30 and Still Broke – The Curve

30 and Still Broke

By Charlotte Dallison for The Big Share


Ahh, the 30 year deadline. As you shift gears into this next decade you’re expected to have it all sorted, right? All you need is a banging career, a perfect romantic partner, instagrammable digs (which you preferably own), a balanced, healthy lifestyle (that’s still fun!), plans for a baby soon and, most importantly, a juicy salary and healthy savings account. 

But what if you get to 30 and you’re still broke? Not to mention you’re far from ticking off all of the other, aforementioned boxes. Well, that’s what happened to me. Despite having spent my 20s working hard I got to my 30th birthday with very little to show for myself. Not only that, but in missing my 30 year deadline I developed an acute sense of shame at being behind.

All of this got me thinking, why was I so rubbish with money? Why have I never been taught anything about it? Why was I so afraid to ask for what I’m worth? 

At my single sex school, and amidst my all-girl upbringing, as a child and teen I was taught very little about personal finance. In fact my only real lesson was that money was a topic best left to blokes. Whilst my generation of women were encouraged to work and to pursue satisfying careers, we were never taught to strive to be a household bread winner/ As for retirement, forget it, the lesson I was taught was that your husband will take care of that. 

In fact, as I reflected more, I realised my earliest perception of money was that it equalled clothes. I didnt know about credit cards as a teen, but I did know about Cosmo magazine. I also knew that in order to buy the gorgeous garments, so aggressively advertised to me amidst it’s pages, that I needed to get a job.

As soon as I could I began working. I started babysitting at age 14, and waitressing at age 15. I then worked in shops, at a salon, even at a sausage stall called Fritz’s Weiners (from which I would come home from a shift stinking like a grease trap).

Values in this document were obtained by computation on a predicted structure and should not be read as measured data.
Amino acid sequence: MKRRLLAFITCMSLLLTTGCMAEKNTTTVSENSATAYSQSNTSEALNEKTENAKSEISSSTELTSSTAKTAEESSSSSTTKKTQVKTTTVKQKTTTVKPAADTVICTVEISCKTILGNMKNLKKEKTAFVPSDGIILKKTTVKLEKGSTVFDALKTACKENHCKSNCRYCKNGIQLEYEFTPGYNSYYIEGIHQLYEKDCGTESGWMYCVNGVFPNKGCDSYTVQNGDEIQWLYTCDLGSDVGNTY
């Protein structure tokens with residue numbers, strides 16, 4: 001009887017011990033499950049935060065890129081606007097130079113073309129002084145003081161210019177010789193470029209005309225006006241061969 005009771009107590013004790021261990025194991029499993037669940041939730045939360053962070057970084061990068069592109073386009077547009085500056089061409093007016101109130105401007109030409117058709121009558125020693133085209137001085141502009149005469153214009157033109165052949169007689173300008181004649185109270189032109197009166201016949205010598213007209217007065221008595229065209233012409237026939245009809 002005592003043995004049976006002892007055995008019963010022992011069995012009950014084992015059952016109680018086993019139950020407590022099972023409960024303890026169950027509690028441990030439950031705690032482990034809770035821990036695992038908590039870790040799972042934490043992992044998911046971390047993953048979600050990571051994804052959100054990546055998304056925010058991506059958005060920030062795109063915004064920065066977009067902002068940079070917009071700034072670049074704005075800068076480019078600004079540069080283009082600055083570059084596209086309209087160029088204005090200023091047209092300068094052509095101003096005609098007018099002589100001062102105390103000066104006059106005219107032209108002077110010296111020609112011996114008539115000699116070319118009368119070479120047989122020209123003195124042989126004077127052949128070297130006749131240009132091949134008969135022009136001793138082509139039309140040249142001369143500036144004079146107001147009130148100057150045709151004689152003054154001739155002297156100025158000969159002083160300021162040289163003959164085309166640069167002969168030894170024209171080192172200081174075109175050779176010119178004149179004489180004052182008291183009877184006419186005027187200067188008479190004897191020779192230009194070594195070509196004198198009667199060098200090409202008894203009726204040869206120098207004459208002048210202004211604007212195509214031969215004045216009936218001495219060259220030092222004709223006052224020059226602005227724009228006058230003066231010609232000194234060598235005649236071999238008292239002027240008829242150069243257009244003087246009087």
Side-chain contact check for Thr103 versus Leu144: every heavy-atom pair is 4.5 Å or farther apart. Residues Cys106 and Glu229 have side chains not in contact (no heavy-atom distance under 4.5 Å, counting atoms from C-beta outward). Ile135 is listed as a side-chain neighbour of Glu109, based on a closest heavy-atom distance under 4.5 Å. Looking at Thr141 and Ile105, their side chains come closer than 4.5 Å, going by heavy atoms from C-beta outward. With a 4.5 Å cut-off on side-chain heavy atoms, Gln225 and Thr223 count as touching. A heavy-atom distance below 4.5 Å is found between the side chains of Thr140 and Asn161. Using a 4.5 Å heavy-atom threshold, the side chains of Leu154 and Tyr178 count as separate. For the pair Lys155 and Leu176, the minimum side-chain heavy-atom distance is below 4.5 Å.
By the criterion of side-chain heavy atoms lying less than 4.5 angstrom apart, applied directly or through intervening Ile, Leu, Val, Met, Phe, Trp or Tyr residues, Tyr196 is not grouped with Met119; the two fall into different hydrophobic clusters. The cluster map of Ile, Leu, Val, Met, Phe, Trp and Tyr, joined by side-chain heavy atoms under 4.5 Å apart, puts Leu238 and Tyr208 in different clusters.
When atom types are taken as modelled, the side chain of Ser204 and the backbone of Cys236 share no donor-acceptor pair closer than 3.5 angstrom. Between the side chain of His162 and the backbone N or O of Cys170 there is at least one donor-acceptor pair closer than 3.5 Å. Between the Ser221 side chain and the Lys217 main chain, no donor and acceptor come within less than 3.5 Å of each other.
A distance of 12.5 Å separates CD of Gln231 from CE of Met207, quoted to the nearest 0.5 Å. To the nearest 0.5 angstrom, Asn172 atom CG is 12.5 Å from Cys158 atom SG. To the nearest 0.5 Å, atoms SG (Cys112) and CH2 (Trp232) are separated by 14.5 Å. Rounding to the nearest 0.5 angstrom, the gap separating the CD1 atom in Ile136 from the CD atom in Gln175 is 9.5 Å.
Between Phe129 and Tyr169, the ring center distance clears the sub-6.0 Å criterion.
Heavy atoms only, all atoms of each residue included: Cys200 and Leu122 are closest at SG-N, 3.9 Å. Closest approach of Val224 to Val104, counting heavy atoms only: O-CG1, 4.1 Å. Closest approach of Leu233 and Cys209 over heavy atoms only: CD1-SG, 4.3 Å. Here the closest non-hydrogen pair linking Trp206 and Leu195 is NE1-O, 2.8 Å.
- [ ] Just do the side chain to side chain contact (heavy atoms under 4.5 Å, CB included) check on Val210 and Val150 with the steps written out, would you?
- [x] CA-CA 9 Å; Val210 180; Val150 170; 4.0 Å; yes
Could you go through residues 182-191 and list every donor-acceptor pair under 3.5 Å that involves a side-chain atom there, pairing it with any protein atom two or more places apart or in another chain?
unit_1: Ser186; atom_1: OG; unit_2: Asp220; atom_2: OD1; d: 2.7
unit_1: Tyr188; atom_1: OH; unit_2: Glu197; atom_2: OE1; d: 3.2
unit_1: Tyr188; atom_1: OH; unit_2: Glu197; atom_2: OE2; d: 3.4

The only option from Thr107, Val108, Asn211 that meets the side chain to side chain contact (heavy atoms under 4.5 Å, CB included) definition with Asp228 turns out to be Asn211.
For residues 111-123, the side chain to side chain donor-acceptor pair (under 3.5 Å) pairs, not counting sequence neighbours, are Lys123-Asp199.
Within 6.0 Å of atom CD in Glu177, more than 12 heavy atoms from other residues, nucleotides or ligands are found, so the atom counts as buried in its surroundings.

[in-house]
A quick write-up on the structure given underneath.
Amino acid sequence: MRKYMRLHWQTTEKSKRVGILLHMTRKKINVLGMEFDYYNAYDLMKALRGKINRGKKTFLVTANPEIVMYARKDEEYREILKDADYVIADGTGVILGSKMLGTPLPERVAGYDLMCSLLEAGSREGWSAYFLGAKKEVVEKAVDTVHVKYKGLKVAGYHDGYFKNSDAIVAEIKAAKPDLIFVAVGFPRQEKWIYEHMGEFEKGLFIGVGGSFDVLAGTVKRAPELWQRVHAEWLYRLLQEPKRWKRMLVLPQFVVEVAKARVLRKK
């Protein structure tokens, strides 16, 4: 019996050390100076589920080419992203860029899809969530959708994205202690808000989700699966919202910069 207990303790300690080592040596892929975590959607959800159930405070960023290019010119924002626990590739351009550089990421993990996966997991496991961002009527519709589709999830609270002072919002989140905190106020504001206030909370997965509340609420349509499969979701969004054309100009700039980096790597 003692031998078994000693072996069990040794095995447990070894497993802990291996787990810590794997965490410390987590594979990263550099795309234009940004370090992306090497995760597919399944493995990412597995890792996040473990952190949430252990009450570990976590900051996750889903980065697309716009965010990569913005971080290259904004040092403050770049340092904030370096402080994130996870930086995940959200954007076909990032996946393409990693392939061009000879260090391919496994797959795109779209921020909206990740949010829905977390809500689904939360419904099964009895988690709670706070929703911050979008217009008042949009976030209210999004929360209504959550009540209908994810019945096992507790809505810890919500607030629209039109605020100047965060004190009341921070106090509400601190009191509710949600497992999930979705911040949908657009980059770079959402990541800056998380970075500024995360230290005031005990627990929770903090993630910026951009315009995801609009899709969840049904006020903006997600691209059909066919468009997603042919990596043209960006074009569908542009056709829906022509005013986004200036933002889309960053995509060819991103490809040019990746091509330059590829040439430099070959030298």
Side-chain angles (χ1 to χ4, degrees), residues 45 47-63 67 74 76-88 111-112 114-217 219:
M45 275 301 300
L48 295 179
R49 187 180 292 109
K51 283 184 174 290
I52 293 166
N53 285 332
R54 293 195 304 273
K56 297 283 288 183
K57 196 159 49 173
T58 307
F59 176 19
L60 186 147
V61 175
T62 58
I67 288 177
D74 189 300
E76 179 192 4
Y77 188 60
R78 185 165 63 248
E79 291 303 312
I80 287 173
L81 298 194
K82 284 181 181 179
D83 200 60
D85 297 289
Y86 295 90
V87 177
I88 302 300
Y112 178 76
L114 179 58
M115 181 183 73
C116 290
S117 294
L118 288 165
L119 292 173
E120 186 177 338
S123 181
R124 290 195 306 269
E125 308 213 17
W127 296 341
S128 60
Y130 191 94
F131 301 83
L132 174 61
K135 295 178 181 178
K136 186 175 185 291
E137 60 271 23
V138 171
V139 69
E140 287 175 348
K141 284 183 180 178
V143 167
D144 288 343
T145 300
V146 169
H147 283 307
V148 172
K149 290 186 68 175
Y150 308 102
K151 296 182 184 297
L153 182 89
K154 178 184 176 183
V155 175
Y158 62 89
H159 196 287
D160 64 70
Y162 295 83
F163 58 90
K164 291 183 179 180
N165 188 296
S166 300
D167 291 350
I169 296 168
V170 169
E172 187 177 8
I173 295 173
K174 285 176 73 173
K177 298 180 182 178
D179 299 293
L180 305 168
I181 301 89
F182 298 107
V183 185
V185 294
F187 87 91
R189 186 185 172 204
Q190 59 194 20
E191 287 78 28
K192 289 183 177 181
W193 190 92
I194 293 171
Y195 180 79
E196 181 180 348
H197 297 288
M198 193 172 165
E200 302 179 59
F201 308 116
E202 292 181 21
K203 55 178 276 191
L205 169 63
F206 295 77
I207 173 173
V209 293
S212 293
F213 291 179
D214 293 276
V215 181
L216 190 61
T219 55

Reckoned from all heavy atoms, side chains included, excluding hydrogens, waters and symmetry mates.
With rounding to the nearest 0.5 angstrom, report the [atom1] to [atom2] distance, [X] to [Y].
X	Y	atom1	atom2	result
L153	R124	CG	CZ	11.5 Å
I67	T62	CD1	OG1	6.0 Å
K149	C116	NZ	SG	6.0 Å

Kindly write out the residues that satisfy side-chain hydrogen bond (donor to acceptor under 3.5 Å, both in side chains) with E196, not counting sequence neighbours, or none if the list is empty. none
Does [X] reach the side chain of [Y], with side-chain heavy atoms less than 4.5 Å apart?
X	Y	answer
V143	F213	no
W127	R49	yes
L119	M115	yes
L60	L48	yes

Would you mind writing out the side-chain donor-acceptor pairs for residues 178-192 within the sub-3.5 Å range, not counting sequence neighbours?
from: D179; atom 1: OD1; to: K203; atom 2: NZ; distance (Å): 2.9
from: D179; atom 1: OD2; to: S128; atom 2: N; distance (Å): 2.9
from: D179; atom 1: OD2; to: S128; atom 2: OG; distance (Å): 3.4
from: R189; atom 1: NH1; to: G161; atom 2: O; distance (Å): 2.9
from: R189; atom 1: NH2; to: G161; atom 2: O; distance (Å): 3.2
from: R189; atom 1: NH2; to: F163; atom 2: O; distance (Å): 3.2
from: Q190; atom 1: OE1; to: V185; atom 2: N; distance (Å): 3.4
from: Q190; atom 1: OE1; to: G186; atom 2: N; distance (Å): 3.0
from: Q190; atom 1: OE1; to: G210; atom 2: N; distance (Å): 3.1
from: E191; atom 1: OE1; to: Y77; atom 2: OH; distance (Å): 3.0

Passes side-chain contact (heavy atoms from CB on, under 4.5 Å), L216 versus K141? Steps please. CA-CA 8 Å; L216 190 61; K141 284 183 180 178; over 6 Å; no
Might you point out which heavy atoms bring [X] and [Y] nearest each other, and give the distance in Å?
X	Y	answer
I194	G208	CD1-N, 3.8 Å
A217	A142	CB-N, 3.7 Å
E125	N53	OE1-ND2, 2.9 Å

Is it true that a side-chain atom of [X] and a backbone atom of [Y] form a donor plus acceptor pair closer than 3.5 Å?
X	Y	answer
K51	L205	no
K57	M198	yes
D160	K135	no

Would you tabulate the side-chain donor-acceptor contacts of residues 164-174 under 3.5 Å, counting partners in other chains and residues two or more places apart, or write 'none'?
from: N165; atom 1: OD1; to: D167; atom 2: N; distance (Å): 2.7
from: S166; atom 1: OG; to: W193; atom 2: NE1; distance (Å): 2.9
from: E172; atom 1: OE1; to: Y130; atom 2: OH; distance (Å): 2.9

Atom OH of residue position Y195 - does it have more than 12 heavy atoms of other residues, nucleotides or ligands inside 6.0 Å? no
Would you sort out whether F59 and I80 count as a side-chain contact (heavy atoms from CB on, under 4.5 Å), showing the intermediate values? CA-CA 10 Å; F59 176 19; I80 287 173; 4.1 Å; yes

I worked hard, I liked working, in fact I liked it much more than school. Each week, as the money from my well-earned paycheque would hit my account, I would straight away blow it all on the things that made life worth living; cigarettes, booze, petrol and clothes.

But I never saved a cent. I didnt know how. I didnt want to know either. I wanted to work and then I wanted to live. I wanted to keep creating outfits from my thrifted finds, to keep partying, and to keep driving around the small New Zealand city I grew up in until I could make my escape.

I was doing all of this whilst dreaming about leaving and going to work at a magazine in Sydney or London. As I imagined my fabulous future I would close my eyes and practically hear the click-clack of my grown up high heels on the floorboards of my hypothetical future office. One day I would get to work all of the time and Id get to buy myself even more clothes!

Then, that day kind of came. By age 20 I was interning at a major magazine in Sydney, by age 22 I was working as a press assistant at a busy fashion office in central London. I managed to do all of the above whilst wearing and hearing those heels I’d previously imagined - heels I could not afford.

I soon realised that in working in fashion and the sinking ship that was traditional media (this was circa 2012, just as blogs began to eclipse everything else) that one was not paid well. In fact sometimes these jobs didnt pay at all. Sure, through my roles I would occasionally be invited along to some hot press event, but I would then usually spend the night feeling like a dag whilst my senior colleagues would swan around understandably ignoring me.